Spinal Muscular Atrophy (SMA)

Original Editor - Evelin Milev Top Contributors - Evelin Milev and Meaghan Rieke

Introduction

Spinal Muscular Atrophy (SMA) is a genetic condition under the scope of the neuromuscular disorders. It is characterised by degeneration of alpha motor neurons in the spinal cord that affects the control of voluntary muscle movement. The disease is characterised as an autosomal recessive condition with prevalence of approximate 1 in 6-10,000 births affected by SMA with a carrier frequency of 1 in 35-70[1]. Classification of SMA type depends on the age of onset and the highest level of motor function achieved[1].

Clinically Relevant Anatomy

SMA is caused by deficiency of a motor neuron protein called SMN (Survival Motor Neuron). This protein is essential for normal motor function and the lack of it is caused by genetic flaws on chromosome 5 in the gene SMN1. The neighbouring SMN2 gene can compensate some of the functions of SMN1 and this is where some of the pharmaceutical companies trying to develop a drug which can enhance the effect of SMN2.

Mechanism of Injury / Pathological Process

Spinal Muscular Atrophy is an autosomal recessive condition due in most cases to the homozygous deletion of the SMN1 gene[2]. This means that both parents of the affected individual are only carriers of the affected gene. Therefore, they are not going to present with any symptoms of the disease and this is what makes SMA difficult to foreseen and apply preventable measures.

Clinical Presentation

Spinal Muscular Atrophy (SMA) is the second most common neuromuscular disorder of childhood. People affected by the mildest types of SMA have proximal weakness and impaired ambulation. Furthermore, fatigue is a symptom to present in almost every case of SMA which may also lead to impaired function and endurance. Current research in the area shows that there is good correlation between upper and lower limb function in patients with the disease. There are several types of SMA, which start at different ages and may present with various phenotype[3].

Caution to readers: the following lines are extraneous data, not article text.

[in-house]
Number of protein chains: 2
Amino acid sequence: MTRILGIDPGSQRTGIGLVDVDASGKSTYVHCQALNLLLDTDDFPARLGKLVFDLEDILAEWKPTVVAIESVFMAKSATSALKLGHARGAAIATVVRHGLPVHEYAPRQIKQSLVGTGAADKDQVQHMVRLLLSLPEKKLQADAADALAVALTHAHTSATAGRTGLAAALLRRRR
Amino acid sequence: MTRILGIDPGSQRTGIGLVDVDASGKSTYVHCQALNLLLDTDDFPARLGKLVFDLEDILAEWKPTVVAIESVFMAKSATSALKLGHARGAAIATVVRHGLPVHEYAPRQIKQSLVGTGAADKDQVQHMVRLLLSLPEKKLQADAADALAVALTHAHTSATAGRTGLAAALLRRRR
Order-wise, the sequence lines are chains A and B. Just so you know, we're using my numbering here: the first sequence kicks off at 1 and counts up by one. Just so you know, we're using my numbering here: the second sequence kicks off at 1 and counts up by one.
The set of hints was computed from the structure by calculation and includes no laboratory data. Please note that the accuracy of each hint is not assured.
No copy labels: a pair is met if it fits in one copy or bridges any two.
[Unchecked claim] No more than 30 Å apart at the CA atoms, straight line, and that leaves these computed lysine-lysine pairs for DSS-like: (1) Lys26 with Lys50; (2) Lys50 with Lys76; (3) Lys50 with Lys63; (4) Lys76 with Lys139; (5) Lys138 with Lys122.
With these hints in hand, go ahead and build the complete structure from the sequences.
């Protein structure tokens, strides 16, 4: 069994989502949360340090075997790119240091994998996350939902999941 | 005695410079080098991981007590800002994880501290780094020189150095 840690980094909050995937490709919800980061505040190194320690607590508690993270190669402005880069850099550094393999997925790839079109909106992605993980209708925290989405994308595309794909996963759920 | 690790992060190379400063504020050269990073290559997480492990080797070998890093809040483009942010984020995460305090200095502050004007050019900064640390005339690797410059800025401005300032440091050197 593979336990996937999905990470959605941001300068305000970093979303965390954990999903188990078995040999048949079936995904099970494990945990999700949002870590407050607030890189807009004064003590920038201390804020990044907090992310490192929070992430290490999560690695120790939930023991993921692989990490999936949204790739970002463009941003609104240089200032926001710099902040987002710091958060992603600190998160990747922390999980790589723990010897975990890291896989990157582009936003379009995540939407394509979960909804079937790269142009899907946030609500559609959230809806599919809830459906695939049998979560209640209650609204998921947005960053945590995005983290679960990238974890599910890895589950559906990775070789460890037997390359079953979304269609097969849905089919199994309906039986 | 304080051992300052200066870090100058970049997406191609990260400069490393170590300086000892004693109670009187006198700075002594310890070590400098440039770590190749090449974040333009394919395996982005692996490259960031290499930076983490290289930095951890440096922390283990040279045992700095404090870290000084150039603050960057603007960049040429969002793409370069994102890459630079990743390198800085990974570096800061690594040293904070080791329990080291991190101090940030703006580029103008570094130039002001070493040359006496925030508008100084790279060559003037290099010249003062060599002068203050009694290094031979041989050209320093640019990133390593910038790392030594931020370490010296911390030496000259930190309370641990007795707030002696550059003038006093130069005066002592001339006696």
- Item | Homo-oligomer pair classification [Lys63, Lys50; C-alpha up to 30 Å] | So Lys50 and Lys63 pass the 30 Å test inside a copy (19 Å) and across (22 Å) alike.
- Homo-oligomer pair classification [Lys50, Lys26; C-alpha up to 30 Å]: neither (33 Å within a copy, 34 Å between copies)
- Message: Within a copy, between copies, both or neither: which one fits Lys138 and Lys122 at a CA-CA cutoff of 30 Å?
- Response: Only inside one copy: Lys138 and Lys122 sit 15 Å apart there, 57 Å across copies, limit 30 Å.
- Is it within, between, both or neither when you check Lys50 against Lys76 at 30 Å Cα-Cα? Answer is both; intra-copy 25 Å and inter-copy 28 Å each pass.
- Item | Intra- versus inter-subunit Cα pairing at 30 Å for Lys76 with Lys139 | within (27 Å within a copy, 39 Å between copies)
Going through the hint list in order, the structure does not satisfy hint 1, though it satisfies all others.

Types of SMA:
  • SMA type I - affects babies less than six months old and is the most severe type of the disease
  • SMA type II - develops in babies between 7 and 18 months old. This type is less severe than type I and most children survive into adulthood and can live long, fulfilling lives.
  • SMA type III - appears after 18 months of age and is the least severe type affecting children. SMA type III has been divided into two further sub-categories: SMA IIIa and SMA IIIb - according to the time when the first symptoms of the condition appears (if before or after 3 years of age).
  • SMA type IV - this type of SMA patients are diagnosed in adulthood and they present with only mild problems.

Diagnostic Procedures

Diagnoses could be made by prenatal screening or by gene panel investigation and/or muscle biopsy. In early stages the diagnose may be suspected due to symptoms like floppiness and muscular weakness. Children with type I SMA can present with lack of head control, minimal to absent anti-gravity movements and severe respiratory complications.

The first steps in diagnosing someone with SMA would be by taking a full clinical examination and family history. As mentioned above, a blood test might be required to look at the amount of creatine kinase (CK), an investigation to indicate if muscle damage has occurred. High levels levels of the CK in the blood is not damaging itself, but it is an important indicator of a muscle disorder condition. Further investigation will probably include a genetic testing as this is the most accurate way to diagnose if patient has Spinal Muscular Atrophy.


Outcome Measures

There are several outcome measures which can be used to detect changes in the natural history of the patients with SMA. These tools should be appropriate selected according to the age and severity of the disease.

Six-Minute Walking Test (6MWT)

The Six-Minute-Walking-Test can be safely performed in ambulant patients with SMA. It has been proven to detect fatigue-related changes in this population of patients and also correlates with other established outcome measures for patients with spinal muscular atrophy[4].

Revised Hammersmith Scale for SMA (RHS)

The RHS is predominantly used in patients with SMA type 2 and 3. In a combination with the WHO motor milestones the scale can be more sensitive towards the description of SMA phenotype. The RHS has been designed to capture wide range of of abilities across broad spectrum of SMA, from very young children to adolescents and adults[5].

WHO Developmental Milestones

The WHO scales aims to link the growth of the child and the motor development in one single reference. The final version of the protocol includes six items: "Sitting without support", "Hands-and-knees crawling", "Standing with assistance", "Walking with assistance", "Standing alone", and "Walking alone". The WHO provides an important information about child's gross motor development in different cultural settings[6].